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Say good-bye to the $1 coin

FILE - In this Jan. 24 2007 file phoprovided by US Mint new Presidential $1 coins are displayed Chicago. The

FILE - In this Jan. 24, 2007 file photo provided by the US Mint, new Presidential $1 coins are displayed in Chicago. The presidential dollar coin has fallen victim to Washington's cost cutting efforts. The White House said Tuesday it is stopping nearly all production of the coins, which carry the likeness of every deceased President. (AP Photo/United States Mint, Brian Kersey, File)

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Updated: December 14, 2011 2:09PM

Say good-bye to the $1 coin.

People have rejected them, so the Treasury Department will stop mass-producing them.

“They make hundreds of millions of these coins every year, [and] 40 percent of them end up being returned to the Federal Reserve because nobody wants them,” Vice President Joe Biden said.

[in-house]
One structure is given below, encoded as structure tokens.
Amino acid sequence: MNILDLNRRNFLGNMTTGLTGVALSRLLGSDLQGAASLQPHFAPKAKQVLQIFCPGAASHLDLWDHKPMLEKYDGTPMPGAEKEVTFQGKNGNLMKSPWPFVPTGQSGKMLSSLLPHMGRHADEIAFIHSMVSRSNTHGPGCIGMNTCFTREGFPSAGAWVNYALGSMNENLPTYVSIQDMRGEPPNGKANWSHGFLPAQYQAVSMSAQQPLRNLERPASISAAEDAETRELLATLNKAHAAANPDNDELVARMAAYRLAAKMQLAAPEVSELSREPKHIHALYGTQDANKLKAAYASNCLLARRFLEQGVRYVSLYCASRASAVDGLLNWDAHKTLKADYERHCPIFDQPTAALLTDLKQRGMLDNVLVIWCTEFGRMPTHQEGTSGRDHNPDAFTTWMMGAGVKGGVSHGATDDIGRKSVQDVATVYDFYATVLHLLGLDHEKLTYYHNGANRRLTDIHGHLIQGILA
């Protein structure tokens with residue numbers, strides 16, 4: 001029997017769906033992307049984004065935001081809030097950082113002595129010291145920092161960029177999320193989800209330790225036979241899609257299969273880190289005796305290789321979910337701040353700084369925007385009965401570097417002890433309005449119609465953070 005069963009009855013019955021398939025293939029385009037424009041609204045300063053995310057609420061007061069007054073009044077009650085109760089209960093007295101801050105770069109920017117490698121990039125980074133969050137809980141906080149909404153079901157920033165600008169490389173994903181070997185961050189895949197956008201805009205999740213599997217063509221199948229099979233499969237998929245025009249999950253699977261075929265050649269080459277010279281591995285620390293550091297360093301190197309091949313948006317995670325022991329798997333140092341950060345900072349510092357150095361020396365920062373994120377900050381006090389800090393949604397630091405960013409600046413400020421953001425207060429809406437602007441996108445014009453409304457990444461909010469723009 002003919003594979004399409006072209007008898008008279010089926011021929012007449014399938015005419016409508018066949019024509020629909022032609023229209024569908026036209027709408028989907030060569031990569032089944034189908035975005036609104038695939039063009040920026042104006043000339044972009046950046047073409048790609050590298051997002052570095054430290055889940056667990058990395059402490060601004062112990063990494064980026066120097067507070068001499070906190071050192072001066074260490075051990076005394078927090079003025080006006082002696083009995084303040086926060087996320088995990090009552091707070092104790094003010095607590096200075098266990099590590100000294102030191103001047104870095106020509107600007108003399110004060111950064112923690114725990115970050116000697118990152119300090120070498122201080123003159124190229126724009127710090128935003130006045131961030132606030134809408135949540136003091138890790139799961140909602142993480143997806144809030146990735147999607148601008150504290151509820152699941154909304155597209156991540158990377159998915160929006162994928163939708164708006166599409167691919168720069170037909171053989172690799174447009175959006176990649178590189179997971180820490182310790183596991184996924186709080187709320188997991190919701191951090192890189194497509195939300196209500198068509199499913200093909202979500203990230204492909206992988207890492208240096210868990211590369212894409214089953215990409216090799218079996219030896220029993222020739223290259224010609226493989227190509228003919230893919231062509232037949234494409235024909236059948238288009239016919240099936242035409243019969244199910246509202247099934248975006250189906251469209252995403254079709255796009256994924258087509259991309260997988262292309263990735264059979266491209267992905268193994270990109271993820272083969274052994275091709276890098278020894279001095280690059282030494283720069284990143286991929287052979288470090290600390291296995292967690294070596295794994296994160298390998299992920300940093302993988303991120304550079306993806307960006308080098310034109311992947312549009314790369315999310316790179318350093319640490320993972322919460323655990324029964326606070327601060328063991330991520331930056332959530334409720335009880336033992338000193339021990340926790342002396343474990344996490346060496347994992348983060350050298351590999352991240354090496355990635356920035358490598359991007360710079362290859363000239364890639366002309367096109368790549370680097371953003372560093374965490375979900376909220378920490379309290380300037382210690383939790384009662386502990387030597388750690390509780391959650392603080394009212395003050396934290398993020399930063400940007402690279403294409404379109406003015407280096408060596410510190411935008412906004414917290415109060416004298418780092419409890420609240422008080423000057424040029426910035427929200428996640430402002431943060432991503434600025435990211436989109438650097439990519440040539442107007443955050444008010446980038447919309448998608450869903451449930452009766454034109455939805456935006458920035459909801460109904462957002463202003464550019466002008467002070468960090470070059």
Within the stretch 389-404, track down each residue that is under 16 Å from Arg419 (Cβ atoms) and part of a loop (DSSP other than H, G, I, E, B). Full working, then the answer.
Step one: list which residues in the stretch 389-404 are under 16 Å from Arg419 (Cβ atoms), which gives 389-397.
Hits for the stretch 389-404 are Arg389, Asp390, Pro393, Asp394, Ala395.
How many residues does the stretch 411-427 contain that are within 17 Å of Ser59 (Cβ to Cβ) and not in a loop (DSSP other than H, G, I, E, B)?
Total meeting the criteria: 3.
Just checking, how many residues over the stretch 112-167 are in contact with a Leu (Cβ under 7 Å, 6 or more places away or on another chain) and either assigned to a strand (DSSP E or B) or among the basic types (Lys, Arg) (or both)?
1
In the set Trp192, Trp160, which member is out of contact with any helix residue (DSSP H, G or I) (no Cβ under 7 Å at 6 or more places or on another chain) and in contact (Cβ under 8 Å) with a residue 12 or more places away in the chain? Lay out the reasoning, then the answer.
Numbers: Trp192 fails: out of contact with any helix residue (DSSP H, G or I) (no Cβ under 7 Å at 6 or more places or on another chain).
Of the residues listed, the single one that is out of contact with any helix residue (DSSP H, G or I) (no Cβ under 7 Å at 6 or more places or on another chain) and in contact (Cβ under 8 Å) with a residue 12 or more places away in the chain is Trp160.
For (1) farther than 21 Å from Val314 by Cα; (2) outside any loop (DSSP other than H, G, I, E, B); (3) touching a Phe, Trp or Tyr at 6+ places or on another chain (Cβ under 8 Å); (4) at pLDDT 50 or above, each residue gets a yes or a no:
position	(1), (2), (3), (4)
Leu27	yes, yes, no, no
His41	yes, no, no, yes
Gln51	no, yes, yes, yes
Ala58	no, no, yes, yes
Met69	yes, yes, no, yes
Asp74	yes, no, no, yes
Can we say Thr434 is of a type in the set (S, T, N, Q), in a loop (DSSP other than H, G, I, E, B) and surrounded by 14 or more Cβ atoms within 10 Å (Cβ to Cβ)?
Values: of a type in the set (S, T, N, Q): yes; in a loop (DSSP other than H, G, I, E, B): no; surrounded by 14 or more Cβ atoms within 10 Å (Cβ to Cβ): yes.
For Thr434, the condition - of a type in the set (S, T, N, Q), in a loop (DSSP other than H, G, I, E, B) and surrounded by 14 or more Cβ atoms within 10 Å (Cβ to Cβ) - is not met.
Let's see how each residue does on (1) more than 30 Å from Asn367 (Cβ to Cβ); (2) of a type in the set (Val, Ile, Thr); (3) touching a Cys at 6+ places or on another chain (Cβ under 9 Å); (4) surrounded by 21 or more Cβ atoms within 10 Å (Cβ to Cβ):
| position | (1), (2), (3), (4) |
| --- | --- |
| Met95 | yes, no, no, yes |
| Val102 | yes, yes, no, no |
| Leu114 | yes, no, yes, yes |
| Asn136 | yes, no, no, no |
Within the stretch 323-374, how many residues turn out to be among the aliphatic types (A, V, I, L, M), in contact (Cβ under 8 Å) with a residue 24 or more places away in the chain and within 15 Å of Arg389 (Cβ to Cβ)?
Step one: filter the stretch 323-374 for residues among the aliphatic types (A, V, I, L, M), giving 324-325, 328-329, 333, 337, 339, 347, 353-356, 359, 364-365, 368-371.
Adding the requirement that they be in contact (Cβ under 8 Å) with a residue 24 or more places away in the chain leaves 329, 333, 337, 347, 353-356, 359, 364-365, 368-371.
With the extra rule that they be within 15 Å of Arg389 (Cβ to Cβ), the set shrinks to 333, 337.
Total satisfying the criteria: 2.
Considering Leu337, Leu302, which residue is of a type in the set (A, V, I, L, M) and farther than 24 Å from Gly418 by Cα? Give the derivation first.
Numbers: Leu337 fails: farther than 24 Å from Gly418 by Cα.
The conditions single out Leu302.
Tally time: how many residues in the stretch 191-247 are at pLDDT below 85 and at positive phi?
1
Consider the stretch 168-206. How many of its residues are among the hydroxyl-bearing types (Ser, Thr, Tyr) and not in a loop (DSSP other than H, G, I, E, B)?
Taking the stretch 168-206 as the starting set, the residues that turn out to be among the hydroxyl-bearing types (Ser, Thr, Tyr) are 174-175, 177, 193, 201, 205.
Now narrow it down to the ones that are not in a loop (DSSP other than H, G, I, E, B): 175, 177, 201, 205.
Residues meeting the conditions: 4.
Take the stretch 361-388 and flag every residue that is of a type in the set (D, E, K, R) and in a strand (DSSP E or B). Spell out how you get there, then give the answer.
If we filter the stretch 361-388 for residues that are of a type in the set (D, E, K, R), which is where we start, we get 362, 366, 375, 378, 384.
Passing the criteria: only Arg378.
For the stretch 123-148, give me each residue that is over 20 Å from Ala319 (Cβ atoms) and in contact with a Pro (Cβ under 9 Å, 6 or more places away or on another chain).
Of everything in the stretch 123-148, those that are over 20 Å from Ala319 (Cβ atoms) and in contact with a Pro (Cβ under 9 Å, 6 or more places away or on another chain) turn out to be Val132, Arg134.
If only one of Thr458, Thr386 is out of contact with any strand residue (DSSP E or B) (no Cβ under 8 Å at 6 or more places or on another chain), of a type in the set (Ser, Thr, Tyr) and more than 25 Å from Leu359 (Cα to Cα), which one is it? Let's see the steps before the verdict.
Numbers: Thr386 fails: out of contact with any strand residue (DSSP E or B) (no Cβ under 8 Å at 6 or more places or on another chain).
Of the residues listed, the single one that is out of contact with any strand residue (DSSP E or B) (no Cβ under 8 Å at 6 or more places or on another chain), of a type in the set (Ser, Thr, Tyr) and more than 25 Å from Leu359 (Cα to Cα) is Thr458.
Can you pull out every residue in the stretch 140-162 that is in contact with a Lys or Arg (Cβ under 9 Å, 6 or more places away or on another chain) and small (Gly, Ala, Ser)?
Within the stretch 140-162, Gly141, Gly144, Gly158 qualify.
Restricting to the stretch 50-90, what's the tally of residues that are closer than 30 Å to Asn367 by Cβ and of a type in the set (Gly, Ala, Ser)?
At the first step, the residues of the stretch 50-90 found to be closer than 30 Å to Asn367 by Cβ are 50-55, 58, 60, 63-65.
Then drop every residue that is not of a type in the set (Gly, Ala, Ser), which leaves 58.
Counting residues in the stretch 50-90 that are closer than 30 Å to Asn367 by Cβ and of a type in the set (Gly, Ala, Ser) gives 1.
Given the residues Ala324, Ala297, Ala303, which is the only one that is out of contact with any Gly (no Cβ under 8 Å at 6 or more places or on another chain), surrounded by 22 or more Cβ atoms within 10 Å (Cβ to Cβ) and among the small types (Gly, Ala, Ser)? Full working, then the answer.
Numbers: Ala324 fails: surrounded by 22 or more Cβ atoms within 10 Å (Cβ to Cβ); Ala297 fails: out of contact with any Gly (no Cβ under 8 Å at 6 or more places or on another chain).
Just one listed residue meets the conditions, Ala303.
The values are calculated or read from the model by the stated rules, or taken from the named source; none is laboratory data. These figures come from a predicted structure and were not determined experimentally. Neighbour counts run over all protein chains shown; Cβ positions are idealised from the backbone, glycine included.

The U.S. Mint has produced $1.4 billion in surplus $1 coins. Those are now sitting in Federal Reserve vaults.

The Treasury Department says the move will save $50 million a year.

The Mint will make a limited number of presidential dollars available only to collectors willing to pay several times face value — beginning with one featuring Chester A. Arthur next spring.

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